Connect with us


NASA may retire its new mega-rocket for SpaceX, Blue Origin launchers



illustration space launch system sls rocket launching clouds nasa msfc
An artist’s depiction of
NASA’s Space Launch System rocketing a crew toward


  • NASA is building a super-heavy-lift rocket called the
    Space Launch System to send
    astronauts back to the moon.
  • The SLS program has seen multiple delays and cost
    overruns, and the rocket is not reusable.
  • Elon Musk’s and Jeff Bezos’ aerospace
    companies SpaceX
    and Blue
    , respectively, are developing comparable yet
    reusable (and presumably more affordable) giant rocket
  • If SpaceX’s Big Falcon Rocket or Blue
    Origin’s New Glenn rockets come online, one
    NASA executive said the agency would “eventually retire”
  • For now, though, NASA says it’s focused on completing
    its Commercial Crew Program to
    test-launch American spaceships.

NASA is building a giant rocket ship to
return astronauts to the moon
and, eventually, ferry the
first crews
to and from Mars

But agency leaders are already contemplating the retirement of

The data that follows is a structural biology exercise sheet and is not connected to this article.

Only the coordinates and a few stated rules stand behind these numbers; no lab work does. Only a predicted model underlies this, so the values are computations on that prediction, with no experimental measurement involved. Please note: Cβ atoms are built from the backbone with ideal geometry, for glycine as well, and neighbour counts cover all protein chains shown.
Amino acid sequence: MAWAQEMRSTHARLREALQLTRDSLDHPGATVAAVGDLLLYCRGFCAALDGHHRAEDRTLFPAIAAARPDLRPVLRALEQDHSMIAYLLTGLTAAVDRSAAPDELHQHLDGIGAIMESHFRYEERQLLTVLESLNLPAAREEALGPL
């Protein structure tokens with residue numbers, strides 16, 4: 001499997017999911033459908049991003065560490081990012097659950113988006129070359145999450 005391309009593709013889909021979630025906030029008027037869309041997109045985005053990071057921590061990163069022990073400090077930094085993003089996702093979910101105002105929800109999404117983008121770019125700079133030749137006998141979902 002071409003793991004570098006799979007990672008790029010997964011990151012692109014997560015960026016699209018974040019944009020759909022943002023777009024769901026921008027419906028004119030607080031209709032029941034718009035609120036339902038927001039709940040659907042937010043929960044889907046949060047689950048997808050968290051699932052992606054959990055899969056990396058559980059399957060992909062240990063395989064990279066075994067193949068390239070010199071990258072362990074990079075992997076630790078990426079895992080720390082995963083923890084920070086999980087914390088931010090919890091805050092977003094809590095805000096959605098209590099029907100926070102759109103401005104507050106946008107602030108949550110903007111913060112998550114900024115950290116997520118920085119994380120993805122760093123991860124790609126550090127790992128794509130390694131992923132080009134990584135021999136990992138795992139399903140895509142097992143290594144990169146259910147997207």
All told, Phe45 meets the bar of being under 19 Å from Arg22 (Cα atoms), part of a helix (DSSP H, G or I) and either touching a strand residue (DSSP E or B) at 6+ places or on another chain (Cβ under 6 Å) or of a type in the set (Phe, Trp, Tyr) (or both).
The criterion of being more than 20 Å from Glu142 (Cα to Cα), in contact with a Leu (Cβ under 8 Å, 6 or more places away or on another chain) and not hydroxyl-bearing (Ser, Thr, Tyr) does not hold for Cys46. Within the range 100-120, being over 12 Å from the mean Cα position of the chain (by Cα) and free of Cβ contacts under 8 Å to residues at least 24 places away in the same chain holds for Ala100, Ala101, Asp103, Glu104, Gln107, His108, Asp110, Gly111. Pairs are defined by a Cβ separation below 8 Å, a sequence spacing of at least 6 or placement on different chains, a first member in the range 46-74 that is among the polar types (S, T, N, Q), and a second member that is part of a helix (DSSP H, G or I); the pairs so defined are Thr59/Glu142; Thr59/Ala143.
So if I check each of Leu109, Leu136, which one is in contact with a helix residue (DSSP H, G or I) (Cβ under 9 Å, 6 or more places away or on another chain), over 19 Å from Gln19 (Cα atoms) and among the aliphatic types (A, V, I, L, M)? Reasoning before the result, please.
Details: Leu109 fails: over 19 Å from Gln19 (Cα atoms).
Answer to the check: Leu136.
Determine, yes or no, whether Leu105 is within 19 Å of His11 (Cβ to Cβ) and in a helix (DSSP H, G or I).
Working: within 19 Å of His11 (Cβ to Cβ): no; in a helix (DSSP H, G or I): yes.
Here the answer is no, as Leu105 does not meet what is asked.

the Space Launch System (SLS), as the towering and yet-to-fly
government rocket is called, and the Orion space capsule that’ll
ride on top.

NASA is anticipating the emergence of two reusable, and
presumably more affordable, mega-rockets that private aerospace
companies are creating.

Those systems are the
Big Falcon Rocket
(BFR), which is
being built
by Elon Musk’s SpaceX; and the
New Glenn
, a launcher being built by Jeff Bezos’ Blue Origin.

Read more:
Elon Musk and SpaceX are building a monster rocket for Mars.
Here’s how big it is compared to 20 familiar objects.

“I think our view is that if those commercial capabilities come
online, we will eventually retire the government system, and just
move to a buying launch capacity on those [rockets],” Stephen Jurczyk, NASA’s
associate administrator, told Business Insider at The Economist
Space Summit on November 1.

However, NASA may soon find itself in a strange position, since
the two private launch systems may beat SLS back to the moon —
and one might be the first to send people to Mars.

The super-size struggles with SLS

space launch system sls rocket scale model wind tunnel testing uv ultraviolet pink nasa ames dominic hart acd16 0195 013
Shea inspects a 1.3% scale model of the NASA’s Space Launch
System (SLS) in a wind tunnel.


Space Launch System is often called a super-heavy-lift rocket.
This means it’s designed to heave a payload of more than 55 tons
(roughly the mass of a battle tank) into
low-Earth orbit

“We need a [super-]heavy-lift launch capability,” Jurczyk said.
“Without it, we’re not going to have a safe, reliable, and
affordable architecture and implementation for human

Several iterations of SLS are planned
through the 2020s, and the first is called Block 1. This rocket
is expected to stand about 322 feet tall and be able to lift
about 70 tons of spacecraft hardware and supplies into orbit.

NASA hopes to test-launch the first Block 1 rocket in June 2020